Thanks to Mike Shirtzer from MORE for sending out a Newsday piece that includes the full non binding arbitration award for most Long Island Railroad union workers. Not only did the Presidential Emergency Board recommend decent salary increases for LIRR workers, it specifically rejected the 2011 state settlement with the Civil Service Employees Association, that included three years with no salary increases, as a pattern to be adhered to.
Instead, they looked to the arbitration and prior settlement of TWU Local 100 (New York City Transit Workers Union) as major precedents. The favorable TWU arbitration was decided one collective bargaining round after the 2005 transit strike. The MTA went to court to try to block the arbitration award from being implemented and lost all the way up to the NYS Court of Appeals.
If you don't think strikes and/or a credible threat that a union can wage a successful one are important, think again. The ripple effects of the 2005 transit strike, thought of as a defeat for the union by many, are still helping to improve conditions for transit workers throughout the region and probably boosted other settlements as well.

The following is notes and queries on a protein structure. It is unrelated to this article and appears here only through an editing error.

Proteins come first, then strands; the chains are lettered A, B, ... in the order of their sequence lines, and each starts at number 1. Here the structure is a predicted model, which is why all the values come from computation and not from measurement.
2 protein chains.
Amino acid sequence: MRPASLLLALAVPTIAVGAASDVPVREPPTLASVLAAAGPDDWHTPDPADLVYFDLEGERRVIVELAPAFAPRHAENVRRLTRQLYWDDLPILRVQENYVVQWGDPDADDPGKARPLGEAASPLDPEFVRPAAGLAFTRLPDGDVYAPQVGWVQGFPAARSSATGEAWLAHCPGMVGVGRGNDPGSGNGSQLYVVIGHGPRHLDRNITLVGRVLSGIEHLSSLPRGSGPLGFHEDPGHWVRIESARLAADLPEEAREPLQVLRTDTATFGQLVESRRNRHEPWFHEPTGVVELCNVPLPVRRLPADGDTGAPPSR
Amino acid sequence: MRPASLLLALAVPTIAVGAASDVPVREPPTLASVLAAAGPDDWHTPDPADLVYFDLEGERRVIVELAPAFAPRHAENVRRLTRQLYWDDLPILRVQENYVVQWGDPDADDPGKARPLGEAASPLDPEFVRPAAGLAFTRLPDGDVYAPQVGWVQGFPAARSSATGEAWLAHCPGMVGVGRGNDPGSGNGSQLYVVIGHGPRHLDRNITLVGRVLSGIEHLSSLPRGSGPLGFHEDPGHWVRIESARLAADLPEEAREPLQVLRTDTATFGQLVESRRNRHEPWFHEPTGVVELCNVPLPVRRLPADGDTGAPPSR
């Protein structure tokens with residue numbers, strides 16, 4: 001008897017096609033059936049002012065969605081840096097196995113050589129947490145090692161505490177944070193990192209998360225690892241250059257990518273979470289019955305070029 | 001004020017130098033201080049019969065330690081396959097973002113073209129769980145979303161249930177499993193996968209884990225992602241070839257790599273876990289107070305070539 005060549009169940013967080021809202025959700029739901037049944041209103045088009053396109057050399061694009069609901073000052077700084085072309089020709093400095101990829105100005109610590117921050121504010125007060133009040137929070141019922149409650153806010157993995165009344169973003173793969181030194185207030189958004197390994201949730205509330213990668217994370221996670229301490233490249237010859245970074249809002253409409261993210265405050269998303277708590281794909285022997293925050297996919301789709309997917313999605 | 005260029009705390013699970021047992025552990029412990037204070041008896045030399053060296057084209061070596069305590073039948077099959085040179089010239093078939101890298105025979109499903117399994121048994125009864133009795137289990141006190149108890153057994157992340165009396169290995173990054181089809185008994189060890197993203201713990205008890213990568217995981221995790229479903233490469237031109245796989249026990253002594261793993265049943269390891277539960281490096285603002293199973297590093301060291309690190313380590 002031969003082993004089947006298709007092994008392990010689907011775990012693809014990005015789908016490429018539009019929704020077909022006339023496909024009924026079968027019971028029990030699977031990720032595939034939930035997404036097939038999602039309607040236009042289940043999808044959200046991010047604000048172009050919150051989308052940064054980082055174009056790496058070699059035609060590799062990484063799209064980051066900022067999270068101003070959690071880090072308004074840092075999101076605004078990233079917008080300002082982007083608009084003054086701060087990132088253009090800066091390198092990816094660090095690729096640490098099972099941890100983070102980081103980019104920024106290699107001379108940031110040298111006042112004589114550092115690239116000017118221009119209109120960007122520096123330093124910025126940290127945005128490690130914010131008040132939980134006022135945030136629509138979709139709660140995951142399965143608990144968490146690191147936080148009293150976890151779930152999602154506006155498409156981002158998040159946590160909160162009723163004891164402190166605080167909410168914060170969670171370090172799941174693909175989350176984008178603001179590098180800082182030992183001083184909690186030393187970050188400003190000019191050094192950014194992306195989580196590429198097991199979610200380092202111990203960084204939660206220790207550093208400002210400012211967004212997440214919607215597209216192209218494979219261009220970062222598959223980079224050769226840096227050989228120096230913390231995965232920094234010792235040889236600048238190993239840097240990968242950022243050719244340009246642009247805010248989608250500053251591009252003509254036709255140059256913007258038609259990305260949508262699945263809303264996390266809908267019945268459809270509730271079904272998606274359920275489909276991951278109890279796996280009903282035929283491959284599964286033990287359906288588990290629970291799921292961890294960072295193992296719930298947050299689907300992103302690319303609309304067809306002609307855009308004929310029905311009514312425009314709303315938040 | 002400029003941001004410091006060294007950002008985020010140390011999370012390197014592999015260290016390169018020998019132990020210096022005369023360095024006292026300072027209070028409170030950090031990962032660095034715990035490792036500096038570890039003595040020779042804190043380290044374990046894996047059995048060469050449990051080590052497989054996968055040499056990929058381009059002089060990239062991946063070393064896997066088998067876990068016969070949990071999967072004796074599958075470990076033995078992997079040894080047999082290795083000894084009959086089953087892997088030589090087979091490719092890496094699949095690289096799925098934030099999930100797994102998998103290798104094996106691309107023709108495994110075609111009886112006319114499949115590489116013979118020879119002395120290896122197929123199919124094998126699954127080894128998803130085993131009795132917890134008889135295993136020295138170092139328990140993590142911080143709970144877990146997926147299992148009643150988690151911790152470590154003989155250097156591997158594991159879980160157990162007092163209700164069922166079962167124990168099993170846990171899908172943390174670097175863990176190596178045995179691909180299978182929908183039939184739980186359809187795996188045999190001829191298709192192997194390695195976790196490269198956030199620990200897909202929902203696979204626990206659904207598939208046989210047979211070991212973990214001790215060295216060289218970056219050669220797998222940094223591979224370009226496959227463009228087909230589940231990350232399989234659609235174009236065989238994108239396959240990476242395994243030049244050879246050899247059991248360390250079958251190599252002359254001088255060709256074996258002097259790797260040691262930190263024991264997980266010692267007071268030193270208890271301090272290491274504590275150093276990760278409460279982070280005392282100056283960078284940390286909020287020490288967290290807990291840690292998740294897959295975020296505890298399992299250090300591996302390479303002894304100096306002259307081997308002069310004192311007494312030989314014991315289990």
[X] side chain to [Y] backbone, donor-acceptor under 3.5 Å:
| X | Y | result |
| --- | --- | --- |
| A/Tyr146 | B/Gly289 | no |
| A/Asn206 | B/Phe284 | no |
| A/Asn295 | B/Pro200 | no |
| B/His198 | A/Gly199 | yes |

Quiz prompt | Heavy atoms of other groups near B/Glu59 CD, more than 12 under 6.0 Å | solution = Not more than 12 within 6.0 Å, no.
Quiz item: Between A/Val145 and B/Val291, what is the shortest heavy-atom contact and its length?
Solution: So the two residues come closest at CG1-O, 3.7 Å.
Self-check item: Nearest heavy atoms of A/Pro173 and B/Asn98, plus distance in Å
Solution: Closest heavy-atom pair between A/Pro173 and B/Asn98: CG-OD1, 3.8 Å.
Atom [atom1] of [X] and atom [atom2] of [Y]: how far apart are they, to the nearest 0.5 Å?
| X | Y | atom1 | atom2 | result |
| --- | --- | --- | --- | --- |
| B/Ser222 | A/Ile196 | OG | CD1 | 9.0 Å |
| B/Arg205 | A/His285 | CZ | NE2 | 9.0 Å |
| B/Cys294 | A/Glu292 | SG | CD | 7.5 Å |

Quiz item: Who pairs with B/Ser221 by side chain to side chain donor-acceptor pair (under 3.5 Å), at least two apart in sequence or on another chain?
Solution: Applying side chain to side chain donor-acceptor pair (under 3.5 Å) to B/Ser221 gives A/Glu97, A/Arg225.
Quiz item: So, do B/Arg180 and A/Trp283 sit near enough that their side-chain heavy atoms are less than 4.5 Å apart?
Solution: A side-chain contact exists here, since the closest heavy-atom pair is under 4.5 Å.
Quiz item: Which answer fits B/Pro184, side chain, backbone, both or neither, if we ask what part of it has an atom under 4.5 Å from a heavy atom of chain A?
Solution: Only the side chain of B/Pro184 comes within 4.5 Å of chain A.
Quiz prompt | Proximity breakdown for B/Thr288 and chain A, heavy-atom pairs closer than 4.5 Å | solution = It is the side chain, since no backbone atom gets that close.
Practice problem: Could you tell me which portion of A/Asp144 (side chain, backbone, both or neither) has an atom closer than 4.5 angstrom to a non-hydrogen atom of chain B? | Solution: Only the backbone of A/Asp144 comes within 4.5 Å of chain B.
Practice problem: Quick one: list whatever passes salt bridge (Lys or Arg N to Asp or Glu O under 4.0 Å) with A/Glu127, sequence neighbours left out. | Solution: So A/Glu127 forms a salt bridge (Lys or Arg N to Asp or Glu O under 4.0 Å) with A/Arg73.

Newsday summarized the terms of the non binding LIRR settlement this way:
The presidential board recommended annual raises for workers averaging 2.83 percent over six years, and increased health care contributions for all workers. It did not call for any changes in LIRR pension plans or to any work rules.
This certainly beats the daylights out of the 0%+0%+0%+2%+2% settlement negotiated by the CSEA with Governor Andrew Cuomo that Mayor Bloomberg wants all city workers to swallow.
The non binding LIRR arbitration is not yet a contract and it will have no impact on the UFT's non-binding arbitration, which covers our last round of collective bargaining with the city. Most city workers received 4%+4% increases without givebacks in the last round. The city is saying they can't afford to give the UFT those retroactive raises and they are attempting to get all city workers to accept three years without raises (the contract state workers agreed to) for the next round.
Will the LIRR decision have an impact on the next round of collective bargaining with city workers?
The LIRR arbitration panel, in rejecting the MTA argument that the CSEA settlement should be used as a pattern, noted that CSEA workers were facing a huge staff reduction crisis and received a job security agreement in return for three years without a raise. The panel pointed out that a threat to jobs was not a comparable condition with the LIRR. It isn't with the UFT either as teachers are heading for the exits as fast as they can because of the impossible teaching and learning conditions in the schools.
If we are going to consider anything close to the state pattern for our next contract, there had better be huge take-backs on working conditions such as the slaying the evaluation system and putting in preferred placement for Absent Teacher Reserves. How about following the Campaign for Fiscal Equity lawsuit settlement and actually lowering class sizes? Maybe we should fight for the ability to grieve unfair/inaccurate material placed in our personnel files, including observations, in a prompt way to somebody neutral.